a presumption of the nature contemplated in
Section 114 of the Indian Evidence Act,
especially, in terms of illustration (h) thereof.
Section 114 as also illustration (h), referred to
above, are being extracted hereunder:

“114. Court may presume existence of certain
facts – The Court may presume the existence of
any fact which it thinks likely to have happened,
regard being had to the common course of
natural events, human conduct and public and
private business, in their relation to the facts of
the particular case.

9

Illustration (h) – That if a man refuses to answer
a question which he is not compelled to answer
by law, the answer, if given, would be
unfavourable to him.”

This course has been adopted to preserve the
right of individual privacy to the extent
possible. Of course, without sacrificing the
cause of justice. By adopting the above course,
the issue of infidelity alone would be
determined, without expressly disturbing the
presumption contemplated under Section 112 of
the Indian Evidence Act. Even though, as
already stated above, undoubtedly the issue of
legitimacy would also be incidentally involved.”

17. In the light of para 18 of the judgment passed by the
Apex Court in Dipanwita Roy vs. Ronobroto Roy, (supra), the
impugned order cannot be held to be illegal. It has been held by the
Apex Court that a person cannot be compelled for the DNA test,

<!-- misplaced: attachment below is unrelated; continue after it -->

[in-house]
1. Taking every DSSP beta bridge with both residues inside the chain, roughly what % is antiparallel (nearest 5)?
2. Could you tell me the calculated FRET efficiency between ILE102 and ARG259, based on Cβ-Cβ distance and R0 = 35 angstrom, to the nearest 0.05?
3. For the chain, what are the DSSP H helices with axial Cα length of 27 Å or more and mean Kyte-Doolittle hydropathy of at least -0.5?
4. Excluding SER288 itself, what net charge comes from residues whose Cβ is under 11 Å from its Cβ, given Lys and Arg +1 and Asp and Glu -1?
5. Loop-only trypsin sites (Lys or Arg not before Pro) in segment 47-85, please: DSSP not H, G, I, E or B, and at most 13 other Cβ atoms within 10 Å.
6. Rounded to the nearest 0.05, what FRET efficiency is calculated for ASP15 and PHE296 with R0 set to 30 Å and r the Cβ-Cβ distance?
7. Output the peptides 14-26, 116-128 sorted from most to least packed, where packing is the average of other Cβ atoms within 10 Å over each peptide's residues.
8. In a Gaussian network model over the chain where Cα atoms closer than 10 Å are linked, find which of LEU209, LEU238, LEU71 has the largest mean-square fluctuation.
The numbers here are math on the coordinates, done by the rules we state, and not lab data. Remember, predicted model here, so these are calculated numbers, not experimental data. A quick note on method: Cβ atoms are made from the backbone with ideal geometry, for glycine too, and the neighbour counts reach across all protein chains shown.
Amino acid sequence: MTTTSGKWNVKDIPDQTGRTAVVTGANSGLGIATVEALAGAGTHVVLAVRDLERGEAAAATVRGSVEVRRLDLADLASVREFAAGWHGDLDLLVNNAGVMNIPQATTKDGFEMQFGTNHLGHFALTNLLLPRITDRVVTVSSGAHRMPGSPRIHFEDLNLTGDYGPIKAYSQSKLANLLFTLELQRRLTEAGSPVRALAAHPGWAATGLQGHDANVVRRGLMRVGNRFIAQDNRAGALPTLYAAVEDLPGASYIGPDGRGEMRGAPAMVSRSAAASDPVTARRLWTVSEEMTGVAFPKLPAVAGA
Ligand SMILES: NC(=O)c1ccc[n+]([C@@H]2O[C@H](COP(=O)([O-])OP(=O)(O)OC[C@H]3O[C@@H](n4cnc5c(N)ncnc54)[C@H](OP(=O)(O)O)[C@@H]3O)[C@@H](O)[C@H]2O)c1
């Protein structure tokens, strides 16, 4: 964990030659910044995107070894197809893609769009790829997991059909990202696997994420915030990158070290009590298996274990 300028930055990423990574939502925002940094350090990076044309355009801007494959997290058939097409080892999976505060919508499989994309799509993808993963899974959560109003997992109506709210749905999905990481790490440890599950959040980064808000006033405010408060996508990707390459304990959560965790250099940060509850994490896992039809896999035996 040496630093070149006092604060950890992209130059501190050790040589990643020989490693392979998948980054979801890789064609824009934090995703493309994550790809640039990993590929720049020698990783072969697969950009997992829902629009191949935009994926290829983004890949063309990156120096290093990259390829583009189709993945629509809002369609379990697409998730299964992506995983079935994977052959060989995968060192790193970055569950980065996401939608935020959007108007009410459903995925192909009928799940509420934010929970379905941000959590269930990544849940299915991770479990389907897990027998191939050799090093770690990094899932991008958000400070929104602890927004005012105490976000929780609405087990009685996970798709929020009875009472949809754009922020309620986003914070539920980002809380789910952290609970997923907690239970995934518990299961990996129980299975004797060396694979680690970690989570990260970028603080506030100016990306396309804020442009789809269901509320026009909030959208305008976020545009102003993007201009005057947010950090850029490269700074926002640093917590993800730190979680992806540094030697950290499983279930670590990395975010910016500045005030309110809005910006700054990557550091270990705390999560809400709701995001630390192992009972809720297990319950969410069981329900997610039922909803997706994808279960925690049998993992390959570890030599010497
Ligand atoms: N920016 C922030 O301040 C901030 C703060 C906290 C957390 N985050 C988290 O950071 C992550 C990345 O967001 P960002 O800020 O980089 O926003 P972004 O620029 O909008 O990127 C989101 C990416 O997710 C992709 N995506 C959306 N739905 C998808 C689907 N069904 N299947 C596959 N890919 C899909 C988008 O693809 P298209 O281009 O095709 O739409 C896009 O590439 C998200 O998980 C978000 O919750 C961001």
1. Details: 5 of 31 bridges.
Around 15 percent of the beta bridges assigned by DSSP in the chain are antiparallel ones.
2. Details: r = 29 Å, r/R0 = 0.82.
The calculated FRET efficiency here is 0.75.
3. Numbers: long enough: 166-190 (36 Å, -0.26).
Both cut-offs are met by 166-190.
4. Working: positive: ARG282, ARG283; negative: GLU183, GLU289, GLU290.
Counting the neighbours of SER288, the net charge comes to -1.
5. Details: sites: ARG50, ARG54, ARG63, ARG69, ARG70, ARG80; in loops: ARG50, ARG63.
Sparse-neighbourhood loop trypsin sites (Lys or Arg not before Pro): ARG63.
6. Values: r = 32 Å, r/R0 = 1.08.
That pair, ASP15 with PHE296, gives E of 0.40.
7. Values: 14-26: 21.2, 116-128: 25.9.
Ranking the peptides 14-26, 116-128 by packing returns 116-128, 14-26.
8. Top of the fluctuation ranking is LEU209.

though, the DNA test is most legitimate and scientifically perfect
means which the husband can use to establish and ascertain the
paternity and infidelity, but at the same time the Court has evolved
the principle of balance by directing for preservation and the right of
individual privacy to the extent possible and, therefore, the Court
itself has held that in case, the wife declines for the DNA test, the
Court can draw presumption as contemplated in Section 114 of the
Evidence Act, without disturbing the presumption envisaged in
Section 112 of the Evidence Act.

18. However, as discussed above in the light of facts and the
law in respect of directions for DNA test and also taking into
consideration the submission of respondent that the petitioner can
file an application for DNA test after recording of evidence, the
10

petitioner will have an opportunity to make a request for DNA test
after recording of evidence or, to request the Court to draw adverse
inference against the respondent for refusing the DNA test in terms
of Section 114 of the Indian Evidence Act.

19. Thus, in view of the aforesaid enunciation of law
discussed in preceding paragraphs, I do not find any illegality and
perversity of approach in the impugned order warranting
interference of this Court in exercise of jurisdiction under Article
227 of the Constitution of India and the arguments advanced by the
counsel for the petitioner cannot be countenanced at this stage.

20. Ex-consequenti, the writ petition being devoid of merit,
is dismissed with the aforesaid liberty. In the facts and
circumstances of the case, there shall be no order as to costs.

(Vijay Kumar Shukla)
Judge

ac.